True democracy erodes the meaning of class, and there is no truer democracy than the democracy of the automotive marketplace.

Witness what has happened in the luxury-car segment, once the exclusive province of the genuinely well-to-do.

"Luxury," as it applies to vehicle content and performance, has lost its meaning. The proof, should anyone need more of it, is in the 2003 Infiniti G35 sedan.

The G35 is an "entry-level luxury" car, which increasingly is a distinction without a difference. The auto industry uses the term to designate price range -- roughly, $25,000 to $35,000. But the truth is that there is very little in a "full luxury" car that can't be found in an "entry-level luxury" model at a substantially lower price.

That means a person could be as happy in an Infiniti G35 as in a BMW 7-Series, Mercedes-Benz S-Class, Cadillac DeVille DTS, Lexus LS 430 or Rolls-Royce Corniche.

Automotive purists might disagree, citing differences such as engine displacement, vehicle size and design, and materials. But purity is a figment of the imagination in a world of compromise, and for more than a decade the global automotive industry has been shaping a compromise between consumers' demands and what consumers are willing to pay.

In that tricky endeavor, the auto companies have used technology to succeed beyond their wildest dreams. Thus, we have in the Infiniti G35 a sports sedan that offers outstanding road performance and creature comforts, as well as impressive exterior and interior styling, at a very reasonable price.

That kind of car might not appeal to people who view automobiles as symbols of class or personal achievement. But it promises to be an irresistible lure for those who drive for the joy of driving and who love cars as symbols of individual mobility and freedom.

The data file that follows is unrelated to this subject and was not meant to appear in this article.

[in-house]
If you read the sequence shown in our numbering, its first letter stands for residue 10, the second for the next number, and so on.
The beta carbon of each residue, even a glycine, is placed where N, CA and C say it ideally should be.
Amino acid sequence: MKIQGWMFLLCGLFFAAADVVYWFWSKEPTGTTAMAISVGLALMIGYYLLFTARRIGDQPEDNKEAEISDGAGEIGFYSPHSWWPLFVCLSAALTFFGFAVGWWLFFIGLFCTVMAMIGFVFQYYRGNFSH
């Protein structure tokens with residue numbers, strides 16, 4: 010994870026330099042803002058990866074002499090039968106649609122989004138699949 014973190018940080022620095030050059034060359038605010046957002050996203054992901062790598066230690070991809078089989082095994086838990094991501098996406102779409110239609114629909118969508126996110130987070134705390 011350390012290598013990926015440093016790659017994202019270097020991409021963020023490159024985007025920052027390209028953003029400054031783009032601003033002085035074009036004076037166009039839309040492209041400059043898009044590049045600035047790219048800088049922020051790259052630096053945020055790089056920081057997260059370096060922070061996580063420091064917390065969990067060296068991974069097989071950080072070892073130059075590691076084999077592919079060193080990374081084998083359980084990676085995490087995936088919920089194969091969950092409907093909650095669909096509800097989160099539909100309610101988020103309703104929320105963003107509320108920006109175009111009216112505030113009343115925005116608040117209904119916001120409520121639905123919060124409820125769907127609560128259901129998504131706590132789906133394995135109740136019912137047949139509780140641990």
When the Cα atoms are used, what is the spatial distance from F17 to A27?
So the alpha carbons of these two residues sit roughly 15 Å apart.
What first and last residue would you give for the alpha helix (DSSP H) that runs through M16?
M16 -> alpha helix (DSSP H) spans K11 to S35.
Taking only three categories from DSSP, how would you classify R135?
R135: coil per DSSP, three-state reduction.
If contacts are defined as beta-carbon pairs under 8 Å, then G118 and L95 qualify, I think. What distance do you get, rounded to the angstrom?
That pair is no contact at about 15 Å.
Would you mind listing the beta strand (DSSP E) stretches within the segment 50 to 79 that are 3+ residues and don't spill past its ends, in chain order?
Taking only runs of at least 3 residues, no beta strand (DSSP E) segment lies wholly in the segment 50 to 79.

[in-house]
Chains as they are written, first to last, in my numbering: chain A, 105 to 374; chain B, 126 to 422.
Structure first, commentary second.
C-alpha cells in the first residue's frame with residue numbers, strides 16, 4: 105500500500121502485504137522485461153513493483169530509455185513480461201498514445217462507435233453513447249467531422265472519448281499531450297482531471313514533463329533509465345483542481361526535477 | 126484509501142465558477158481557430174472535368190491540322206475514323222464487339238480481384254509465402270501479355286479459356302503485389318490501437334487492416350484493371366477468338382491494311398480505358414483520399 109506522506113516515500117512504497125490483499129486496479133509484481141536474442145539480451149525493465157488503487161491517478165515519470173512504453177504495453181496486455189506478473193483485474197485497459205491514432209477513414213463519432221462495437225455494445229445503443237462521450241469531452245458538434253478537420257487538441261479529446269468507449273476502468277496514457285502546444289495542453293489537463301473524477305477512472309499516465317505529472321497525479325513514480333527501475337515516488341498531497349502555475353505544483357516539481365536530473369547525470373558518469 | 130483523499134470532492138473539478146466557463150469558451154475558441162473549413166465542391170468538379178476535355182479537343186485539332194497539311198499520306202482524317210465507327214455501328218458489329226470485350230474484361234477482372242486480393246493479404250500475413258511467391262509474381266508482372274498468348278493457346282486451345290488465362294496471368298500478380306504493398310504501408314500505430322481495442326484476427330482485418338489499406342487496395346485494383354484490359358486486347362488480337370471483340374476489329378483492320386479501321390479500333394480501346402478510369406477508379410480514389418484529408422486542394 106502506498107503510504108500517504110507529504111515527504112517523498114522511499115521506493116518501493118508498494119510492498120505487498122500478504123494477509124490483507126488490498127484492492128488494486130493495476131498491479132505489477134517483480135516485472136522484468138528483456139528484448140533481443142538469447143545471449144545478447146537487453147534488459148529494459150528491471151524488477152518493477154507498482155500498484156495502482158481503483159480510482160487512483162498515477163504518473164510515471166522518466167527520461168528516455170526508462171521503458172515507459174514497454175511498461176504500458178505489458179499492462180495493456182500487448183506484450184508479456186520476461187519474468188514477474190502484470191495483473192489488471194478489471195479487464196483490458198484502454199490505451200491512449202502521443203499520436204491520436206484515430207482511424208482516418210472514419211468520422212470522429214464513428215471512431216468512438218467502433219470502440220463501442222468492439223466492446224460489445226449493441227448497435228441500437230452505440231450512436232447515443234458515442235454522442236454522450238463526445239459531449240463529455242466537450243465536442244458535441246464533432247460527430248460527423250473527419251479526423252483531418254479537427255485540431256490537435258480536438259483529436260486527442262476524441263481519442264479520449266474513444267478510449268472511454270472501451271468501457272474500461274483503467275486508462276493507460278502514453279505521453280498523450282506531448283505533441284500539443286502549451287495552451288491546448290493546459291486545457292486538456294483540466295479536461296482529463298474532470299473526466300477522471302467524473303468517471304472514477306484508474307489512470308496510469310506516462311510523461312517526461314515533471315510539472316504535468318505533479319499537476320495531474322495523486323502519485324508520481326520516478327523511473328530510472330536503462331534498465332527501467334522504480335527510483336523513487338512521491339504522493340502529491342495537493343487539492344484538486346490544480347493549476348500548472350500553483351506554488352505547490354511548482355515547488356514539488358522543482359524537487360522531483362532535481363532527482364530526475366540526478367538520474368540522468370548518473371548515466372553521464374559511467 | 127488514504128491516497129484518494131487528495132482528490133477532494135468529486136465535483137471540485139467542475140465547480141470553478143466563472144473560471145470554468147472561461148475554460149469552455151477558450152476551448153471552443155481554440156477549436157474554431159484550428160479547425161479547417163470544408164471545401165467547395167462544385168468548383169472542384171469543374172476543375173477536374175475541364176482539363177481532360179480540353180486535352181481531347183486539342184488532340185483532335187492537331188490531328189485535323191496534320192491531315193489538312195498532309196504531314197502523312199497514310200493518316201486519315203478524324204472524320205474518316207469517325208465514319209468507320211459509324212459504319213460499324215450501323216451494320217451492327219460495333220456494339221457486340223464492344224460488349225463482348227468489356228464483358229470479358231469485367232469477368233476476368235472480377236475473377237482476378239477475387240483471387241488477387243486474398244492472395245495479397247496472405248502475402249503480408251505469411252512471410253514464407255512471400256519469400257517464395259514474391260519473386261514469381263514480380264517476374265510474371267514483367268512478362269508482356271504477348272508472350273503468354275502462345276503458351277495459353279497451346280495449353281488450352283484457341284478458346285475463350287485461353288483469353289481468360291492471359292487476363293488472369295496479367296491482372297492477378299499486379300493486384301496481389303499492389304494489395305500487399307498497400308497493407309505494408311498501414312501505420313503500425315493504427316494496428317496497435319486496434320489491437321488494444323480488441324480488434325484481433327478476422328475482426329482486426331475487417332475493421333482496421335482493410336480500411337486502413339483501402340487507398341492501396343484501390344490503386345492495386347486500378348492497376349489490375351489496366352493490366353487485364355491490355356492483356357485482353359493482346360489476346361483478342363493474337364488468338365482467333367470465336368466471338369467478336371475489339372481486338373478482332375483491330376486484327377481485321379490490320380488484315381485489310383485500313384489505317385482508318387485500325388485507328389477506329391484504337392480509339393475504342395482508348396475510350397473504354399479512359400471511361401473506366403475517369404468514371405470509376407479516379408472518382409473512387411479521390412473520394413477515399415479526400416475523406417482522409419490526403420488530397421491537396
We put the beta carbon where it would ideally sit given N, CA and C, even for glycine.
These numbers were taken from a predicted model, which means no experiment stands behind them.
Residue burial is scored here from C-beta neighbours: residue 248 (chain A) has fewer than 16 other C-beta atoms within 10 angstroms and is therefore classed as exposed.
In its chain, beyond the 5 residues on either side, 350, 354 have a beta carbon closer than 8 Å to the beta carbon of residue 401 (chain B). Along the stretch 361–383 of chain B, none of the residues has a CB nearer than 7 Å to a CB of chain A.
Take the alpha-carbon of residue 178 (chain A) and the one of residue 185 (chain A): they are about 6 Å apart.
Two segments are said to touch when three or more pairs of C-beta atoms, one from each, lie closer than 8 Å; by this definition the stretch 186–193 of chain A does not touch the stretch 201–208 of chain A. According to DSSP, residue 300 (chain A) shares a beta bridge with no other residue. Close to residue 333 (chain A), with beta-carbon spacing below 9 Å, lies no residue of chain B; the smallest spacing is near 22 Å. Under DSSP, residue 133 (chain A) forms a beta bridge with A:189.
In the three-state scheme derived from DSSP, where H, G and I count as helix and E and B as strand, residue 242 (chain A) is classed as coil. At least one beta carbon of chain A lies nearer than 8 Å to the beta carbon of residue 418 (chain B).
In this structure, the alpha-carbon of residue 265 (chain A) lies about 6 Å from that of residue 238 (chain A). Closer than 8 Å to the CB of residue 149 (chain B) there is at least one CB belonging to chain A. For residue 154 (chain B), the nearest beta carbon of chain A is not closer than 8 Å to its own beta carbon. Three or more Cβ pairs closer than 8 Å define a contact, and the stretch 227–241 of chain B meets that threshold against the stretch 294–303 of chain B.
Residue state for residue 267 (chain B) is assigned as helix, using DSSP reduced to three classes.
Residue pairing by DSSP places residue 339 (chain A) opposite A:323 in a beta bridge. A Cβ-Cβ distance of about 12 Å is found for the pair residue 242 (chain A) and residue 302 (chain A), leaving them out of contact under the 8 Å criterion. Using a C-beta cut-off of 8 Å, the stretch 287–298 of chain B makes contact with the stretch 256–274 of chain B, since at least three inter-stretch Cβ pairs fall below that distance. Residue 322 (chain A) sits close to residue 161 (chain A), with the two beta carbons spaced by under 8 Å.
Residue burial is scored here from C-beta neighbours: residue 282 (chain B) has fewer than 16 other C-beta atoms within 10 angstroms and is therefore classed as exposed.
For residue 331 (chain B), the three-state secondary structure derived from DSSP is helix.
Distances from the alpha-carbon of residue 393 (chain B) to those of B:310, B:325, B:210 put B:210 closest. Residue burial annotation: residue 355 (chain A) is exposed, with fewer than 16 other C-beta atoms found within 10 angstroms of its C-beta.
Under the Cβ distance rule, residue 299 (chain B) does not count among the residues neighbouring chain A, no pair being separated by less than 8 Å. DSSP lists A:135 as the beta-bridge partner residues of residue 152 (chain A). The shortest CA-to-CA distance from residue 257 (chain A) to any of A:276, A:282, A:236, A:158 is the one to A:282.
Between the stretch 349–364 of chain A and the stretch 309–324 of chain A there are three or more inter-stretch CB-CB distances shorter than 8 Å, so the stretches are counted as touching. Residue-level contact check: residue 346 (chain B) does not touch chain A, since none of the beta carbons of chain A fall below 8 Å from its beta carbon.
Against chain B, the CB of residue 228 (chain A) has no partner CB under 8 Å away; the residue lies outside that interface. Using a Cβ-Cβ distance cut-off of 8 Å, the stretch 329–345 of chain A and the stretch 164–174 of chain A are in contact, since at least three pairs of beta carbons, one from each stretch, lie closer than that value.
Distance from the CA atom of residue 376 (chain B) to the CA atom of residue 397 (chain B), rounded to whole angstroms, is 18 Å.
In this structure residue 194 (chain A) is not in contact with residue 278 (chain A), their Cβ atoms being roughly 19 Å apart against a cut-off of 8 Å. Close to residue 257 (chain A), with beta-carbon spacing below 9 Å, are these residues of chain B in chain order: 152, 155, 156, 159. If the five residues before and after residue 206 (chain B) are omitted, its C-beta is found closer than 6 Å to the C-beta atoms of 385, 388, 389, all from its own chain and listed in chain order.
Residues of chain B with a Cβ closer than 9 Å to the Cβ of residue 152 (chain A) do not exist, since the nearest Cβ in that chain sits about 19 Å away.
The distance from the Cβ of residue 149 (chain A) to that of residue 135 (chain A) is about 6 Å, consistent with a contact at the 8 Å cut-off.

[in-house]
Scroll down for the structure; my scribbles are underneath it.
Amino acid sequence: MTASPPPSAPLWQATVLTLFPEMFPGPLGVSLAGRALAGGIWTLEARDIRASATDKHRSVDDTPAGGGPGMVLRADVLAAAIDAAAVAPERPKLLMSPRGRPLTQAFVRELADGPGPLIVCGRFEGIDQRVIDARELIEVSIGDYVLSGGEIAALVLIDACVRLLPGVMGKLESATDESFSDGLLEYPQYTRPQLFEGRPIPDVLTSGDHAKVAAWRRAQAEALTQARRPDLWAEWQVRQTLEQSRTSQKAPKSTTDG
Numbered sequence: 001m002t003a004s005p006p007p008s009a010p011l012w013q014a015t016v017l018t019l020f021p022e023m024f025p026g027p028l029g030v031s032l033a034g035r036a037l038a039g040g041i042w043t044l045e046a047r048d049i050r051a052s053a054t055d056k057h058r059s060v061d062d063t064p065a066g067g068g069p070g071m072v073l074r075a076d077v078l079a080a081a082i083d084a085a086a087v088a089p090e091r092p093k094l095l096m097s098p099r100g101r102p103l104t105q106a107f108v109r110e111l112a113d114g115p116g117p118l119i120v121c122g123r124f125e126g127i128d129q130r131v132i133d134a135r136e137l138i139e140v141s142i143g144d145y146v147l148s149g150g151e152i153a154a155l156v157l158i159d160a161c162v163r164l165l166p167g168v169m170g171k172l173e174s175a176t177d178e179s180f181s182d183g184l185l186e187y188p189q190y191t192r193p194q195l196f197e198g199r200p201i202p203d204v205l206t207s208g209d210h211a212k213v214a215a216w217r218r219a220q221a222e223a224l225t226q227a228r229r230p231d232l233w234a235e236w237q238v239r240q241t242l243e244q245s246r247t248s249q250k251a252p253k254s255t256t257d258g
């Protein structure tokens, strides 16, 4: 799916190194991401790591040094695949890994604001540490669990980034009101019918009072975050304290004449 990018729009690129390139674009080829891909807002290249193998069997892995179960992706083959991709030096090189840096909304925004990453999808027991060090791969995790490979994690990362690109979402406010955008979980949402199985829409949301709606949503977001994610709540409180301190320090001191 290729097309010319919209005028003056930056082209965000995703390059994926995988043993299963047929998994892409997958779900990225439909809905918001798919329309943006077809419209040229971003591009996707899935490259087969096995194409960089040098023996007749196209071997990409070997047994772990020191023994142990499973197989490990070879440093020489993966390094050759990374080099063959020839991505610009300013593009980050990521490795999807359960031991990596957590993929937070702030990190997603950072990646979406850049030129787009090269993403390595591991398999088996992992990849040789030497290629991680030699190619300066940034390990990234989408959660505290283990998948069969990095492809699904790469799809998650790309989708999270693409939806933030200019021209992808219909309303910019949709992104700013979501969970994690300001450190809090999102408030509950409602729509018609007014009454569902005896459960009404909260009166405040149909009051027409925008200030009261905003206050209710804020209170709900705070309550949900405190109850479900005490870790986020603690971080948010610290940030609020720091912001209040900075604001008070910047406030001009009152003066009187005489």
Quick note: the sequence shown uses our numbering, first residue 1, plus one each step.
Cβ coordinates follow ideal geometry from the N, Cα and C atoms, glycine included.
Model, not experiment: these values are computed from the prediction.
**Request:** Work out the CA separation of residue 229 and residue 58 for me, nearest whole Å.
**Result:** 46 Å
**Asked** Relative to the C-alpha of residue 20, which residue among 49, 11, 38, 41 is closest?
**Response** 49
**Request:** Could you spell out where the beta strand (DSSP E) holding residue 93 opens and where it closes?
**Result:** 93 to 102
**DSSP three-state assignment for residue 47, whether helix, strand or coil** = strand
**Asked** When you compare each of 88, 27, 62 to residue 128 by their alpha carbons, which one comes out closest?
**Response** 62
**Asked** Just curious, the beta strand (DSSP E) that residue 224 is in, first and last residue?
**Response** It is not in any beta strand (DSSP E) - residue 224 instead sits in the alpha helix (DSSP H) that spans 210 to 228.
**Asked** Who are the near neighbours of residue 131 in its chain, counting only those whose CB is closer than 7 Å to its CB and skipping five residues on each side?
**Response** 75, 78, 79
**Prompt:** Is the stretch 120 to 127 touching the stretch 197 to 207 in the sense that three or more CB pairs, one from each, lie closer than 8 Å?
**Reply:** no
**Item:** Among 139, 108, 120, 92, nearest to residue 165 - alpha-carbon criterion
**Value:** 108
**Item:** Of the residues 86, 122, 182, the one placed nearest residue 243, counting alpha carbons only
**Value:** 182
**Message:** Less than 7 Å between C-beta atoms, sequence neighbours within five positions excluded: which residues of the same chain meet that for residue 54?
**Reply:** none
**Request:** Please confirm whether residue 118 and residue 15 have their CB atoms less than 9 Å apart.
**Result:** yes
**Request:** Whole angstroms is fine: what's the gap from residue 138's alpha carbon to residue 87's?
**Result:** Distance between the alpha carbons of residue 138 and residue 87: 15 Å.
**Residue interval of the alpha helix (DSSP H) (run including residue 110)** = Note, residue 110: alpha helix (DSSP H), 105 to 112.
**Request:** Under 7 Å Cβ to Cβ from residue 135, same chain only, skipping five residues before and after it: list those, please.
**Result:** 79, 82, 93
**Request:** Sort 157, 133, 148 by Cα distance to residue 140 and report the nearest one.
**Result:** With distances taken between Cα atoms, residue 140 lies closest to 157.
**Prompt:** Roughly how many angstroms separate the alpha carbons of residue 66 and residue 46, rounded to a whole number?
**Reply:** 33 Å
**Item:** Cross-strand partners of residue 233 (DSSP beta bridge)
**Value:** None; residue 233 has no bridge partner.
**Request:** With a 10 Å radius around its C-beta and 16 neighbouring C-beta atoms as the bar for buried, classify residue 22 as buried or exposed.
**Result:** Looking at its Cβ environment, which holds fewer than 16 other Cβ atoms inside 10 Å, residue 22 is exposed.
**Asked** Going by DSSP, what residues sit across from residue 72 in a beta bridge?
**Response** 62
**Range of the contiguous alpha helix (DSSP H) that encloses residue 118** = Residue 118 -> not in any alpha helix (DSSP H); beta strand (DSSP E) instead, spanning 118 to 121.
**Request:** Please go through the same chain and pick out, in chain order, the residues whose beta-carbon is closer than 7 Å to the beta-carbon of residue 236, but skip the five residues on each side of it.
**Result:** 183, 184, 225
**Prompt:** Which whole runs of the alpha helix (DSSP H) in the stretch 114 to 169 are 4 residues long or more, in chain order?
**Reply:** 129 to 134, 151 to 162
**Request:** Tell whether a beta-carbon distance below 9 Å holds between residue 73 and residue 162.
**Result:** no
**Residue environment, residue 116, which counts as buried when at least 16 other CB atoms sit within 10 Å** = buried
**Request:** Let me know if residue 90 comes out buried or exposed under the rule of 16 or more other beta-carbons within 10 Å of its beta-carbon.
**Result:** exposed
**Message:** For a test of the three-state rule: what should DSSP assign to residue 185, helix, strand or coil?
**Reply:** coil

Taking to the highway in the Infiniti G35 is a celebration of that freedom, even more so because the car is accessible. Test-driving a BMW 745i for a week or so is a real hoot. But I know that the likelihood of my ever owning one, at a transaction cost of about $76,000, is slim.

That isn't the case with the Infiniti G35 sedan, which moves with as much gusto as more costly models, largely thanks to its 260-horsepower, 3.5-liter V-6 engine. Power delivery is smooth and steady. Handling is excellent. I went looking for curves in this rear-wheel-drive runner and I found lots of them, much to my delight.

The G35 is a very tight car, too. That is surprising, because it has a cabin large enough to seat five people. Yet, in motion, it feels substantially smaller. It moves with the precision of a well-aimed dart.

If amenities are the hallmarks of luxury, there is nothing whatsoever "near-luxury" about the G35 sedan. The car has everything, including an optional pop-up navigation system and premium Bose audio system if you want them.

Infiniti might have the answer to class strife here. Instead of supplying revolutionaries with guns, give 'em G35s.